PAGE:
Windsor Ontario News is Windsor and Essex County's online newspaper

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Note from publisher

It’s hard for me to write this after building and maintaining this website for almost nine years. But the truth is I’ve run out of time to continue There’s a couple of reasons. I travel extensively and when I’m not travelling – and sometimes when I am – I’m freelancing professionally. For example, there has not been one day since the end of September when I’ve had a chance to post a story on this website. has been many things for me since I created it in October 2009: the chance to break stories other media don’t have, coming up with innovative approaches to presenting news (i.e., News Backgrounder and Noted and filed), giving independent opinion – a dying tradition, it would seem, among the mainstream press - and presenting a visually attractive online product. I’m proud to say that virtually all content on this site was original and the small percentage that wasn’t were fresh takes on topics that hadn’t been reported/discussed locally. There’s always a possibility of me returning with a news product in another online format, perhaps not as sprawling as this one. But until such time, I thank those readers who have found a credible local journalistic alternative. Meanwhile my film reviews can still be found at companion website/blog Windsor Detroit Film. – Ron Stang, publisher, Nov. 9/18


Canadian input into remake of major Michigan battlefield

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A multimillion-dollar remake of a US historic site across the Detroit River just south of Amherstburg will have Canadian input, and many more Canadian artifacts.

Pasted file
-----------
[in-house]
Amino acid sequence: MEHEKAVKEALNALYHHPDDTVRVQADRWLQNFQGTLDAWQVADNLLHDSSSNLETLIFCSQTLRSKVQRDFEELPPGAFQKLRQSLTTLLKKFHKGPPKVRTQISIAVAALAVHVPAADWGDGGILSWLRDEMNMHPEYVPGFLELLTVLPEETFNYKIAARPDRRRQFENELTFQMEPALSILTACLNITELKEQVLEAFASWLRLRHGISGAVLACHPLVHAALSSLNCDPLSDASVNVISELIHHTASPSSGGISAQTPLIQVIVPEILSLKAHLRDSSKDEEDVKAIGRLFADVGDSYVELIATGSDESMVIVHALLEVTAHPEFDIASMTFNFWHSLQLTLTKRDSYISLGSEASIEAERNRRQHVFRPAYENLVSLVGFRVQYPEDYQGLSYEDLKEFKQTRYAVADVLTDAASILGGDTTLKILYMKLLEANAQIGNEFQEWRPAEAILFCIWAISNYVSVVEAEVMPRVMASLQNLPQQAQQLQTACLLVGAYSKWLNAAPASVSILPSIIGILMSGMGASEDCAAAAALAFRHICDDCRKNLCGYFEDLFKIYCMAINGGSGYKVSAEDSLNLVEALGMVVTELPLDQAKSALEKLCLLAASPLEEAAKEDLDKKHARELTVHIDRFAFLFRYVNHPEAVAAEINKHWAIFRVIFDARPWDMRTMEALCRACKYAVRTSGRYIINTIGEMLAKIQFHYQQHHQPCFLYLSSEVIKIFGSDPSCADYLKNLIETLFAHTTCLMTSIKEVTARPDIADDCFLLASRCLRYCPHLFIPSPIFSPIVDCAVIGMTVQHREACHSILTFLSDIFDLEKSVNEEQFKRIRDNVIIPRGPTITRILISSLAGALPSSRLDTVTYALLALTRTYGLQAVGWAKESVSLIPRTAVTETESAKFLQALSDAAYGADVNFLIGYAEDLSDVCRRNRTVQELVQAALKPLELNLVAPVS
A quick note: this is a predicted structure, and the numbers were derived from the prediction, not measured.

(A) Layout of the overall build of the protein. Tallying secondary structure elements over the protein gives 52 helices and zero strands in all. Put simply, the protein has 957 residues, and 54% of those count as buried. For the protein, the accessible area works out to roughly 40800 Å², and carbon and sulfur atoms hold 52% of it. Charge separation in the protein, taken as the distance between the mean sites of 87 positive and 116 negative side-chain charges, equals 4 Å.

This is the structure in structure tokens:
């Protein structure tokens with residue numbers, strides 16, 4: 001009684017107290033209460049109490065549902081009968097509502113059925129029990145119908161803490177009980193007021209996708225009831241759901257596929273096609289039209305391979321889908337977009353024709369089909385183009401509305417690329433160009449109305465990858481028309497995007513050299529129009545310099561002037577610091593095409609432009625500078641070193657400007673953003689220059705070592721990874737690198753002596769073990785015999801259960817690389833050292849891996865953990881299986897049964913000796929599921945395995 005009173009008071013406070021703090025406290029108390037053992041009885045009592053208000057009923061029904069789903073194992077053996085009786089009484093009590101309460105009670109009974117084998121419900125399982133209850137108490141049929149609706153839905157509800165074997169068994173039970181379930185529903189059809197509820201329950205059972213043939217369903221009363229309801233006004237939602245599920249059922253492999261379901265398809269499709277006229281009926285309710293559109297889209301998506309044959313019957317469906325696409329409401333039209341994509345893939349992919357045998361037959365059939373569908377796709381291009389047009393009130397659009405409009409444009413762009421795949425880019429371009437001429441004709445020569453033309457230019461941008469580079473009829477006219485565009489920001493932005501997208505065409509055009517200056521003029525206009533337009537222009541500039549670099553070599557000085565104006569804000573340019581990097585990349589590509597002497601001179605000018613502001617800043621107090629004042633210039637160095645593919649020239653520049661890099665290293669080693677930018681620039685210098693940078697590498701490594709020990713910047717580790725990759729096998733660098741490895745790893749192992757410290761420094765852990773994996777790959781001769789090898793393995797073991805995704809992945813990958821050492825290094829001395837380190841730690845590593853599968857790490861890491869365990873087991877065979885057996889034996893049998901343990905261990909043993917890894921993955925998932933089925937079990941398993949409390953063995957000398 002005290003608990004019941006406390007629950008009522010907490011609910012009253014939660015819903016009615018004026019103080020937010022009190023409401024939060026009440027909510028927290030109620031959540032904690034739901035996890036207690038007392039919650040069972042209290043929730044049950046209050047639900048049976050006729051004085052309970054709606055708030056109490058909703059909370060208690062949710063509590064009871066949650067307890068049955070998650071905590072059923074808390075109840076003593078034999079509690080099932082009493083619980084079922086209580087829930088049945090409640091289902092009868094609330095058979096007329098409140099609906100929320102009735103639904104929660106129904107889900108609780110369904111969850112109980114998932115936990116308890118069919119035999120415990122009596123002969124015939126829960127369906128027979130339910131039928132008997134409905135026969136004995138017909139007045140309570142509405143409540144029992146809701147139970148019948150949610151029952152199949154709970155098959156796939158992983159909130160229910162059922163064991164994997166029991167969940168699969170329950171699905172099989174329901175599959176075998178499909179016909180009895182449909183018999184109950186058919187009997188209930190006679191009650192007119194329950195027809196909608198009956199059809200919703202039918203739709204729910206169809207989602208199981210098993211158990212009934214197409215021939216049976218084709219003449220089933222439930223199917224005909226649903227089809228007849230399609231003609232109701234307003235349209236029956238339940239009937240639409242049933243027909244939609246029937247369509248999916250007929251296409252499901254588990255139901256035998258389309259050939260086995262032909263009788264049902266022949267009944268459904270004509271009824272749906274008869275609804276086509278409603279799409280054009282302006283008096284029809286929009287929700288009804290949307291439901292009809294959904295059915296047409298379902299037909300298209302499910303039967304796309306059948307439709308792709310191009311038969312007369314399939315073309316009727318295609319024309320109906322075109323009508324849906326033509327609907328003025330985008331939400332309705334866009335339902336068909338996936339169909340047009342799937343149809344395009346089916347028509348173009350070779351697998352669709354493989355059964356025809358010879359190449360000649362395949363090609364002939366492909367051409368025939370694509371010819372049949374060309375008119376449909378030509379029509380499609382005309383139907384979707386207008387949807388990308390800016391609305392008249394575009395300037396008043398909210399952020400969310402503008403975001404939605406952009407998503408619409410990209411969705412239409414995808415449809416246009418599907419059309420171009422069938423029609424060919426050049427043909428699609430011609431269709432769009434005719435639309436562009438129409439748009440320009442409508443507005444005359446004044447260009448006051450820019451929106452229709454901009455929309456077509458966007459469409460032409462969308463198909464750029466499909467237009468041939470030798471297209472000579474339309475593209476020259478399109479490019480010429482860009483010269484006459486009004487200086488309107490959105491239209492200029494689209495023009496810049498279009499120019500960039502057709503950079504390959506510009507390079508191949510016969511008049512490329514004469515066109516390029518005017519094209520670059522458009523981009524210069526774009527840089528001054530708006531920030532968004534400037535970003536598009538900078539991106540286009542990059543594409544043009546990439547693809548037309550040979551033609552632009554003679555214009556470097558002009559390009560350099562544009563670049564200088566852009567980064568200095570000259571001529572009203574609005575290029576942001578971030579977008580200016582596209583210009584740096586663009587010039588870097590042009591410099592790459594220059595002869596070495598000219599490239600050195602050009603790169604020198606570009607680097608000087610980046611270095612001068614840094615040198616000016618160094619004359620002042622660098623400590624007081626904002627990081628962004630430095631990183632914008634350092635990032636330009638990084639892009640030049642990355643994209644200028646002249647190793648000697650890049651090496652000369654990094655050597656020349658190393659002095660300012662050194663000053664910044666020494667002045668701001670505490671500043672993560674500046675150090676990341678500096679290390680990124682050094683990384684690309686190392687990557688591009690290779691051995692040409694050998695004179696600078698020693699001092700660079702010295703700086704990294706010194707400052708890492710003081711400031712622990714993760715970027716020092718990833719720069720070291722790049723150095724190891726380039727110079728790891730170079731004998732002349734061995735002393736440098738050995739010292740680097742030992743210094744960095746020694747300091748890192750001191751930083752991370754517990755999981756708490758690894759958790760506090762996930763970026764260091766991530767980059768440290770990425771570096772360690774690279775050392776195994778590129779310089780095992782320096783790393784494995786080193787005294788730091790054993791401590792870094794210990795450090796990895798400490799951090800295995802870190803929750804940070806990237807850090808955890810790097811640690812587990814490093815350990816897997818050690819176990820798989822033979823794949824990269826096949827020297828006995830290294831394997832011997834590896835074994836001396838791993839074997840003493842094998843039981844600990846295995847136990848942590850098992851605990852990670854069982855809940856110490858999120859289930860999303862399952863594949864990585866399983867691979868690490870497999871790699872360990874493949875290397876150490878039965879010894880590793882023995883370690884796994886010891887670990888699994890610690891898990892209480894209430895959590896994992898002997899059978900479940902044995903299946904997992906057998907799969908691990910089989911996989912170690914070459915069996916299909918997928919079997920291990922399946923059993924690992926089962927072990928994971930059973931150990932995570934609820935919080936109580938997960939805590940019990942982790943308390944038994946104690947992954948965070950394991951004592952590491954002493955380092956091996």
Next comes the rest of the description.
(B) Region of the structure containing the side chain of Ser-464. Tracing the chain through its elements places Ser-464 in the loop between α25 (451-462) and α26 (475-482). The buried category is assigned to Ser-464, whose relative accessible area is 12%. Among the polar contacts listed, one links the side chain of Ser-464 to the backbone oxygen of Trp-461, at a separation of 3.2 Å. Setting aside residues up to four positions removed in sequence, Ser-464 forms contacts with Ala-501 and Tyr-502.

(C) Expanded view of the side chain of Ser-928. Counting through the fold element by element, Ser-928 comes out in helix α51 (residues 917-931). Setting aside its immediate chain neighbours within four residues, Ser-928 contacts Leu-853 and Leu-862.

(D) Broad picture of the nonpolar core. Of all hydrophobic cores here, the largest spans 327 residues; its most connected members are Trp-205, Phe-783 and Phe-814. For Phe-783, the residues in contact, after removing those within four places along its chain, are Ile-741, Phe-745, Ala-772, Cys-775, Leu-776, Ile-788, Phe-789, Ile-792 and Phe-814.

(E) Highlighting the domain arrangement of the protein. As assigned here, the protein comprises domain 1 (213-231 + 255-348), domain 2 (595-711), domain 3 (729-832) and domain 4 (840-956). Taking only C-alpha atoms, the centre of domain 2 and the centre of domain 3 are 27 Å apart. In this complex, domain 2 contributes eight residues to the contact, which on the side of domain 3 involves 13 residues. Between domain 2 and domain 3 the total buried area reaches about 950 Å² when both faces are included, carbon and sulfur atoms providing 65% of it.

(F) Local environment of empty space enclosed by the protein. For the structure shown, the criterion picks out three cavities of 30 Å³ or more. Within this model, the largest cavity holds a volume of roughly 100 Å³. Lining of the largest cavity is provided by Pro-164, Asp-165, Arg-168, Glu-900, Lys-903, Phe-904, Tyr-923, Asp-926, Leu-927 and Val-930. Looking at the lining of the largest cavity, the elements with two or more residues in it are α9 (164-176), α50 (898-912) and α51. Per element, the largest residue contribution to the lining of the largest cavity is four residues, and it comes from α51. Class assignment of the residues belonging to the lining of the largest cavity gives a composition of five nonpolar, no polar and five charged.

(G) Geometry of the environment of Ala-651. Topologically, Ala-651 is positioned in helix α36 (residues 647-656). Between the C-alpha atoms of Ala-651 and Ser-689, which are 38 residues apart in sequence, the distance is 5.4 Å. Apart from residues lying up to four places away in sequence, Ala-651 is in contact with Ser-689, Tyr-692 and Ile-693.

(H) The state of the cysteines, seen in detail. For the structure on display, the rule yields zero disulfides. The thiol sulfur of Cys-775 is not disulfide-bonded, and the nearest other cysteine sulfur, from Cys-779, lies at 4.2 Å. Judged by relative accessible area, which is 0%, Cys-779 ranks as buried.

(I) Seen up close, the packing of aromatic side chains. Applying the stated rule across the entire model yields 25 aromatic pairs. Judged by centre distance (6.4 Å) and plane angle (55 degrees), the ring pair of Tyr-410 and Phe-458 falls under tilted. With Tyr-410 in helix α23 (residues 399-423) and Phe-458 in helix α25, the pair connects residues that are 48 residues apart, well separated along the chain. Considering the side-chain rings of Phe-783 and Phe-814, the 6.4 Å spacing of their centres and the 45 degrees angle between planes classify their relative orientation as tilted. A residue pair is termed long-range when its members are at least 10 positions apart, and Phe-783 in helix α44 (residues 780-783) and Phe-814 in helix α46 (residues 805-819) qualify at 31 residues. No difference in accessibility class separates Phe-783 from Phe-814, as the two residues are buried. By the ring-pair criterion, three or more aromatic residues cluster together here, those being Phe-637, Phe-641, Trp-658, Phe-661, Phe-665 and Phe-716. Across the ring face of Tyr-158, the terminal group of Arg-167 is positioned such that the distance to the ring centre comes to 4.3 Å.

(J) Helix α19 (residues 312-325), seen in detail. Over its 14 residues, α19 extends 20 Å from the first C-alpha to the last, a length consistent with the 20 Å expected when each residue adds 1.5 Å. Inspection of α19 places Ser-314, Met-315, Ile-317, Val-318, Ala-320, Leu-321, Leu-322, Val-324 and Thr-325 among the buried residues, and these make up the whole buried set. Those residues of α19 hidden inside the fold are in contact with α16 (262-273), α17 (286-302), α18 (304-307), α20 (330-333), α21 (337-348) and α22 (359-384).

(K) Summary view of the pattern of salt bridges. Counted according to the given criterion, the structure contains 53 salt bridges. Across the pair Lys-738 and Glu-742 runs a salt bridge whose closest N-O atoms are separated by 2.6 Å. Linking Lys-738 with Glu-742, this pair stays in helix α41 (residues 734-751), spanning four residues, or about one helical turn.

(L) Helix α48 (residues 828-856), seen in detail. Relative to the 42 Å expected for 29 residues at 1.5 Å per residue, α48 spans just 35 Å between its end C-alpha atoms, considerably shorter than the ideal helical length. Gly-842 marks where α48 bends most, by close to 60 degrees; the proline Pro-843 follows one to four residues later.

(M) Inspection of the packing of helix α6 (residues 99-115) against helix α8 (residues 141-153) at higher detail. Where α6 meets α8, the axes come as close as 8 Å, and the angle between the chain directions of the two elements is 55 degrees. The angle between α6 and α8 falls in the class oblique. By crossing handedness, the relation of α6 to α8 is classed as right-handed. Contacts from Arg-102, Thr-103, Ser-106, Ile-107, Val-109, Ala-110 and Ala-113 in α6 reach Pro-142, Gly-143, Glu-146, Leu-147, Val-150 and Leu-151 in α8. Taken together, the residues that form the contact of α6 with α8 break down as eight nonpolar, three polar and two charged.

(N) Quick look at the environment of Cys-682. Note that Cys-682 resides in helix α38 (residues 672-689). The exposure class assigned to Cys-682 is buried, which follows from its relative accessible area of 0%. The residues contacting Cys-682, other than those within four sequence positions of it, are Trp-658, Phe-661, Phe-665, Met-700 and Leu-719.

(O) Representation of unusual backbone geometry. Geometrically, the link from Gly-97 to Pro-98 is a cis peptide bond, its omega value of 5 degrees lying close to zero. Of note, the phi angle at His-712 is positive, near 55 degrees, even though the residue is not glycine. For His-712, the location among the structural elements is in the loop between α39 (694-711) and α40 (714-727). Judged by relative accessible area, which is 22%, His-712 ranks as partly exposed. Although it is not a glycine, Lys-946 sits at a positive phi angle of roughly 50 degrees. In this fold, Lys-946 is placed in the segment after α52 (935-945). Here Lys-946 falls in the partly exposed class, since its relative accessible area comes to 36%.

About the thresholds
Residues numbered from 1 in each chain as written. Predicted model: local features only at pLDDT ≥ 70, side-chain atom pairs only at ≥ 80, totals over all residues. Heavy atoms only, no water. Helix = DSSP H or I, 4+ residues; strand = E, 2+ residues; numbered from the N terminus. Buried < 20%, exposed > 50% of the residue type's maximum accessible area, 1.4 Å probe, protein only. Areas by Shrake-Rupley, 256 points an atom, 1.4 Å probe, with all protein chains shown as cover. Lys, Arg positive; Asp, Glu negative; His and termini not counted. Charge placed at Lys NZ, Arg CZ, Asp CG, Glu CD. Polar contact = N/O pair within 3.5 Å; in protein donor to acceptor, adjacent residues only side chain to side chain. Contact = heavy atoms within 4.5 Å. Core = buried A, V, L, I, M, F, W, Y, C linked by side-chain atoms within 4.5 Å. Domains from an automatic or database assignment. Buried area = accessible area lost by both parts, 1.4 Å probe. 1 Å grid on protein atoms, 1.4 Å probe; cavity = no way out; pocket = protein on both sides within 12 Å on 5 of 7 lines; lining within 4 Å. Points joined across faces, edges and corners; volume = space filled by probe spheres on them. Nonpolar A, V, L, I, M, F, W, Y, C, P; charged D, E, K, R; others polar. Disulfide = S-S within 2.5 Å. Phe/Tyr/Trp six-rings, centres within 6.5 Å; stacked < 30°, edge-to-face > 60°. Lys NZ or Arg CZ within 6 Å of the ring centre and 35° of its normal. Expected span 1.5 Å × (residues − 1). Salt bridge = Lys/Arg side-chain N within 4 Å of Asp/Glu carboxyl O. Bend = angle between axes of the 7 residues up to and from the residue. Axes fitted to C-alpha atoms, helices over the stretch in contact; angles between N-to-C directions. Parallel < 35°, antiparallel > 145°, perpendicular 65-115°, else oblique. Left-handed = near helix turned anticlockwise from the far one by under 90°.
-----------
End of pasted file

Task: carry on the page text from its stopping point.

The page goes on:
The 10-year expansion of the River Raisin National Battlefield – considered the greatest battle of the War of 1812 – is aimed to increase the site’s profile to the level of the Civil War battlefield, Gettysburg.

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Windsor has a new retail entranceway - Division Road

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Windsor's Division Road is evolving into a new major retail entranceway.

And it leads to the city’s traditional hub of retail, Devonshire Mall.

Several years ago, Rock Developments created Windsor Commons on Sydney Avenue immediately south of Devonshire.

And now the company’s latest development is the Shoppes at Union Square, immediately south of Windsor Commons on Division Rd. but tied together through common entrances sand parking lots.

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Lawsuits, Customs booths, winner & losers from Gordie Howe bridge announcement

alt test July 9 2018

You know who the group is that was chosen to build the new Gordie Howe International Bridge.

But here are several interesting facts about the new bridge, construction of which is expected to – finally – get underway in early fall.

• The preferred proponent, Bridging North America, seemed to have the best creds for the project, which will be the longest cable-stayed bridge in North America. That’s because various companies in the consortium are currently building Montreal’s new Champlain Bridge, two bridges in New York State, the Toronto Eglinton Crosstown LRT and a new Montreal rapid transit system. They’ve also completed work on the eastern span of the San Francisco-Oakland bridge, damaged in an earthquake.

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Denied Pelissier garage, fitness studio rebounds spectacularly

alt test May 22 2018

Luis Mendez has bounced back – big time.

The owner of True Fitness, the man who originally wanted to open a fitness studio in what was former retail space in the Pelissier Street parking garage, is doing quite fine – and in a new downtown location – thank you very much.

Mendez had sought to move into the garage space, which was long vacant and which the City of Windsor over the past year finally closed to convert back to its original parking use.

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Andy Warhol exhibit coming to Windsor June thru September